Sep 10, 2014 , , , , , , ,

If you’re in the metal fabrication business there is a good chance that you are like us and get excited about a new piece of equipment arriving in the shop. A new press brake always creates excitement and “buzz” among the staff once it arrives, either because it is needed to replace a broken or older press brake that is no longer producing good parts, or outsourcing has become expensive and frustrating to the point of justifying a new press brake purchase. Your business may also have picked up a new job that requires parts that can only be produced in a press brake.

Whatever the reason for the purchase there are few things that can be a quicker “buzz kill” than a press brake machine having problems right off the bat! Here are a few tips to avoid dampening the excitement of a new brake because the machine doesn’t operate initially because of poor installation by your shop staff.

Press Brake SetupFirst, the machine must be level. When we say level we mean there is no twist to the machine and it is on a decent footing. Once you have the press brake level it should be anchored to the floor. The pad that you place your brake on should be as level as possible. The thickness of the concrete is determined by weight and size of the press brake. That information can be obtained in a setting plan from the company you purchase the press brake from. We have also seen nice installations done on thick metal foot pads or even set on an entire sheet of steel then anchored.

Once you have the press brake set, level and anchored to the floor. It is time to call in a qualified electrician to double (or triple) check the brake for the correct electrical power. Only when the electrician is confident on voltage and phase can he hard wire the machine to the box.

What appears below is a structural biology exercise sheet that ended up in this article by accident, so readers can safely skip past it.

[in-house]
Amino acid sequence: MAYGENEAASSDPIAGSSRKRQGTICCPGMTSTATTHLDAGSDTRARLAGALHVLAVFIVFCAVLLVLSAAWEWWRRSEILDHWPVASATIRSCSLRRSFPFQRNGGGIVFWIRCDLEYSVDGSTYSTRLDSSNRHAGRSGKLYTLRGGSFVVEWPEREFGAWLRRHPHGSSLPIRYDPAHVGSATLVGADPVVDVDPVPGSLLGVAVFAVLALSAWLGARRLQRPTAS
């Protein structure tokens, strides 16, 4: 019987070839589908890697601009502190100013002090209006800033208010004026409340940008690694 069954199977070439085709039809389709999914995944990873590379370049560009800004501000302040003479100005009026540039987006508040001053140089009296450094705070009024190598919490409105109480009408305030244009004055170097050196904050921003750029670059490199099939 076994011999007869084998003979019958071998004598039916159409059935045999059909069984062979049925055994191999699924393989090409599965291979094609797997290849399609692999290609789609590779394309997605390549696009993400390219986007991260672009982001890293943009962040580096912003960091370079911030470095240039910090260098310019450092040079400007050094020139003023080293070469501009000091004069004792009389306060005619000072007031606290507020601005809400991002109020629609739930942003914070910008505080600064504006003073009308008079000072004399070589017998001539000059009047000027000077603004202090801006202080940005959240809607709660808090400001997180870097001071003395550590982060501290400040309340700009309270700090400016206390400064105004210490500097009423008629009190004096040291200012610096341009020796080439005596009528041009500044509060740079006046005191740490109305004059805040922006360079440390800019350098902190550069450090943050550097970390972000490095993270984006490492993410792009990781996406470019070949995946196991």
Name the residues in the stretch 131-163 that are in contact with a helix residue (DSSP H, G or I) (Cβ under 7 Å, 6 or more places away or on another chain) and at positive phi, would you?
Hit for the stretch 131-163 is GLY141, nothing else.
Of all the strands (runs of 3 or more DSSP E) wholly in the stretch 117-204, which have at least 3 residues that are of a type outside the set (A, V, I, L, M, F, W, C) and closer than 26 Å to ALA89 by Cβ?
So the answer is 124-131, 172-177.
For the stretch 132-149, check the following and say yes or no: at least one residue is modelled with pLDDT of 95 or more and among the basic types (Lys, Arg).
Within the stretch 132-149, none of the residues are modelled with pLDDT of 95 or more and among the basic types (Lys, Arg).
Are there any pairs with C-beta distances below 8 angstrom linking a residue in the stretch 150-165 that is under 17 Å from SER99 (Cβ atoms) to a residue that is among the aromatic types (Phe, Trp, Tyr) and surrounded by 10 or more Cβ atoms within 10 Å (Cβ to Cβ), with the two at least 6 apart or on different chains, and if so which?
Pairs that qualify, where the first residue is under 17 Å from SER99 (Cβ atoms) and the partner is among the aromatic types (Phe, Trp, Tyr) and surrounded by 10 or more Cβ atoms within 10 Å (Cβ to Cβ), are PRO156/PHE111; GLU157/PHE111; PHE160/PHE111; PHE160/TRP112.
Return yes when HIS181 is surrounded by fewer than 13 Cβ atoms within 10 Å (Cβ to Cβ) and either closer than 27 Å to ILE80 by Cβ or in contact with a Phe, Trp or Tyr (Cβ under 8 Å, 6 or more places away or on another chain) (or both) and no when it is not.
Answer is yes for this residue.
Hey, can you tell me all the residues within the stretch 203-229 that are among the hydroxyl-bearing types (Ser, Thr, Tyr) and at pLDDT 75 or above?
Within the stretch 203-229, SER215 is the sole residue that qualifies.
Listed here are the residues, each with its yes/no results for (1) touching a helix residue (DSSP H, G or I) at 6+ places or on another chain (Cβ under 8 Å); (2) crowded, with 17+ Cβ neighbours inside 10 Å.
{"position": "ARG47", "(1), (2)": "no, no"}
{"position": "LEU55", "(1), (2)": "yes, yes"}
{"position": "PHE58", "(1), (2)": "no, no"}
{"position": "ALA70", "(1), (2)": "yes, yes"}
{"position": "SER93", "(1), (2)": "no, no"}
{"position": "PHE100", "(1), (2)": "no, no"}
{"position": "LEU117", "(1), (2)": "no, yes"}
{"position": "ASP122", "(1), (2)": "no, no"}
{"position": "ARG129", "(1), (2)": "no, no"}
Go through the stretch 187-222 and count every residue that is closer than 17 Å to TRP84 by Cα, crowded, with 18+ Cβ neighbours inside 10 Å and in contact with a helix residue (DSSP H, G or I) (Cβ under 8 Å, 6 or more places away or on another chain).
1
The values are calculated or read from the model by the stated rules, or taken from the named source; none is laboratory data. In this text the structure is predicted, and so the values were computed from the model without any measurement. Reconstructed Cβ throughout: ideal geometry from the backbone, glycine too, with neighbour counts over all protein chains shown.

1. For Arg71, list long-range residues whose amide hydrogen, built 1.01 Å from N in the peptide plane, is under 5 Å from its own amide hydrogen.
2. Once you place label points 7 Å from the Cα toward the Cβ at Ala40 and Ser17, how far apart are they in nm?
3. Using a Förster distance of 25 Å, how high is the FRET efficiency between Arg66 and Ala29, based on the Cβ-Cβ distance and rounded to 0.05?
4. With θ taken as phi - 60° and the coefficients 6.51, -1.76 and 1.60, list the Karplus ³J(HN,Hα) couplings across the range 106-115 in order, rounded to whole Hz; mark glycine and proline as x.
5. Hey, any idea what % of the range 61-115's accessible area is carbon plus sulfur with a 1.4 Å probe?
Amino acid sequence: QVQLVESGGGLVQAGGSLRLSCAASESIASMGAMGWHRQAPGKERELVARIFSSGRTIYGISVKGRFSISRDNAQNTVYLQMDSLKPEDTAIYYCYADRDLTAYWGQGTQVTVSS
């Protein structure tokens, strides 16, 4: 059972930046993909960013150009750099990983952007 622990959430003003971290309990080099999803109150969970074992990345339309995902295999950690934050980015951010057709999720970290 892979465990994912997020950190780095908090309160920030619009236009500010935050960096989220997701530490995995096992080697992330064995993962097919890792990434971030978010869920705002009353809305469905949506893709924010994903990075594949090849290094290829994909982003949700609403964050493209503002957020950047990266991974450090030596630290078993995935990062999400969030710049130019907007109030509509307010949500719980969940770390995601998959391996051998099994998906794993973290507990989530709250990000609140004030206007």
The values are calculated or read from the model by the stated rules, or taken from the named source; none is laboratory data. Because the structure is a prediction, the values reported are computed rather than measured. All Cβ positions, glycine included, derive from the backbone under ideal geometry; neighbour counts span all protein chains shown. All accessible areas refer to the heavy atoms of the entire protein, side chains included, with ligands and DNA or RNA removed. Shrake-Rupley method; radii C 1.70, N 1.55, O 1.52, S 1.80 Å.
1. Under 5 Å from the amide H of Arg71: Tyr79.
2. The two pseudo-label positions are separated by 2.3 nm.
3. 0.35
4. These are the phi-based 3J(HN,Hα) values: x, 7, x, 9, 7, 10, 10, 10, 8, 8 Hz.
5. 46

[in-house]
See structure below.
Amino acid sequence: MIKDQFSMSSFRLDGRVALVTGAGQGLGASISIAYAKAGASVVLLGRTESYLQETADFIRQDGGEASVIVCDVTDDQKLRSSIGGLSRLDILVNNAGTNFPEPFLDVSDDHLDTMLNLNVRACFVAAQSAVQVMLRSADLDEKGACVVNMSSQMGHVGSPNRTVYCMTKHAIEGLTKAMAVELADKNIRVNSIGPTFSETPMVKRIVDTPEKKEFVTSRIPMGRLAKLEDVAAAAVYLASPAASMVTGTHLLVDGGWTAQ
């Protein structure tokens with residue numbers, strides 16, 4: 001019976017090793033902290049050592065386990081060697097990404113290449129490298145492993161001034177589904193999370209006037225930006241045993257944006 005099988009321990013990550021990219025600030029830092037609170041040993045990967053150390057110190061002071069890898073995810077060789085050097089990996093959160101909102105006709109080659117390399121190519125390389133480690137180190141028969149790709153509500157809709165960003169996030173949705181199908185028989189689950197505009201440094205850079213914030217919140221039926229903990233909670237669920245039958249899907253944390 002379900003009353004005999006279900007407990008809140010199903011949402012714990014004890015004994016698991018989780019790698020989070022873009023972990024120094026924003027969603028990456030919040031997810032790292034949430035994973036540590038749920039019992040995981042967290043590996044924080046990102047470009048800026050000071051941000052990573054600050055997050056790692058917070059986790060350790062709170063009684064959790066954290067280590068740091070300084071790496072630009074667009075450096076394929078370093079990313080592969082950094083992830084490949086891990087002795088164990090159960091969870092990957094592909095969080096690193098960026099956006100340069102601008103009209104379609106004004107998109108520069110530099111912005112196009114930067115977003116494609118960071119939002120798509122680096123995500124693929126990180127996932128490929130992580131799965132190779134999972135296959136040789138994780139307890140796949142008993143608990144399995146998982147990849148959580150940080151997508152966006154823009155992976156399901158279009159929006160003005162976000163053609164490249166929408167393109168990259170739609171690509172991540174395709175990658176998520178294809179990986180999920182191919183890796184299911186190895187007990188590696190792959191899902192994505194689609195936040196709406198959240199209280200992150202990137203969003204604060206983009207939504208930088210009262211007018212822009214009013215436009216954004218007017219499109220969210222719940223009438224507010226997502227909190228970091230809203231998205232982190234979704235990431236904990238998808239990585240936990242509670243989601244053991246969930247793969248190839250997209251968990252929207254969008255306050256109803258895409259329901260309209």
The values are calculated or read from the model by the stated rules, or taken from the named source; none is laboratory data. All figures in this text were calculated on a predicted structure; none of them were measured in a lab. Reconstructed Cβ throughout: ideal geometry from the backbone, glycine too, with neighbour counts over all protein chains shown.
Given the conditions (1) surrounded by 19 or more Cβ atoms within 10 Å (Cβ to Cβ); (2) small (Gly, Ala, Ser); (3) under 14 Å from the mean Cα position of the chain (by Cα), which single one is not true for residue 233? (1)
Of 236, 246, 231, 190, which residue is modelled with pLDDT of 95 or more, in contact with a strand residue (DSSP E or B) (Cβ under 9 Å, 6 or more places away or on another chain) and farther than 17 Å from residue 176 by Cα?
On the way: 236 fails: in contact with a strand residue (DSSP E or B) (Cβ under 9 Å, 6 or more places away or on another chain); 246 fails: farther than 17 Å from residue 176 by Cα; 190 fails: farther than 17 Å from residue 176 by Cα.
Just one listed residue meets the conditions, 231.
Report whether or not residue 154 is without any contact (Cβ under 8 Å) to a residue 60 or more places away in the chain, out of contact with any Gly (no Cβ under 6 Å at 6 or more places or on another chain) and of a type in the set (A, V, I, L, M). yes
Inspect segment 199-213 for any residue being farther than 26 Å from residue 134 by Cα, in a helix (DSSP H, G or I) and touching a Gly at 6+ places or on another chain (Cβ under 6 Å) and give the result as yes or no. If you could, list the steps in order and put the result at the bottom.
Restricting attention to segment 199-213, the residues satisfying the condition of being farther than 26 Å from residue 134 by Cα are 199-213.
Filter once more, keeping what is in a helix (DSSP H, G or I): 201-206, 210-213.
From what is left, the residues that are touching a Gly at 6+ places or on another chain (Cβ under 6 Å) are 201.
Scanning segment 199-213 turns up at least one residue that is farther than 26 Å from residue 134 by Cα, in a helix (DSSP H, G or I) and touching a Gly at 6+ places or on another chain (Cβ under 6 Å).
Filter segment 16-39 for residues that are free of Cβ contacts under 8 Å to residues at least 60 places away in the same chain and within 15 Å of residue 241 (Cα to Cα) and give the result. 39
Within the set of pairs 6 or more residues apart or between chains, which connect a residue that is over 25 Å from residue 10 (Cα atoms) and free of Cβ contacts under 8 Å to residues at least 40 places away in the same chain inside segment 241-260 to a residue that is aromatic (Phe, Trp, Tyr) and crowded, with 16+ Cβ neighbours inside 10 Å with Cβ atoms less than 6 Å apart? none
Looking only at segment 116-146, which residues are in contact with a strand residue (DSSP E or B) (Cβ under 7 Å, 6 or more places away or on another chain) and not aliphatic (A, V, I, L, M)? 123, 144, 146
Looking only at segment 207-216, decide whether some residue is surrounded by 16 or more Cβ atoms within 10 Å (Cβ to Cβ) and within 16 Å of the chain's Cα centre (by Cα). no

The press brake machine needs to be filled with oil. The correct viscosity and volume of oil to be used should be in the manual provided with the machine. If not, check with the company you purchased the press brake from. It is common for JMT to use Mobil AW32 oil.

At some point before starting the press brake, a good general cleaning needs to be performed on it. The machine has been shipped — and most likely a long way — so there is a good chance it is dirty and possibly covered in Cosmoline by the factory before its initial loading. During this cleaning process your staff should be looking for loose or possibly broken parts that were not noticed when the press brake was signed for on delivery.

Once these tasks have been completed the press brake can be calibrated. Performing the above tasks as thoroughly as possible can save a lot of time and frustration during the initial calibration and startup of the new brake.

A complete set of manuals should be included with the press brake, either in printed form or on a CD-ROM for viewing on a personal computer (manuals are commonly stashed in the electrical cabinets of machine tools). Inside the manuals should be most — if not all — of the above information. Also in the manual is a recommended schedule for daily, weekly and annual maintenance that should be implemented in your company’s routine maintenance program.

Please start off on the right foot by taking the time and care to properly set and maintain your new press brake. It will pay off if you do!

JMT offers professional installation services as an option with the purchase of a new press brake. Our factory trained technicians will come to your site, perform the physical installation and calibrate your new press brake. They will also test the machine using your production parts and train your staff on operating the press brake.

Call JMT today for your next press brake purchase and installation at 855-Press-Brake (855-773-7727). You can also email us at


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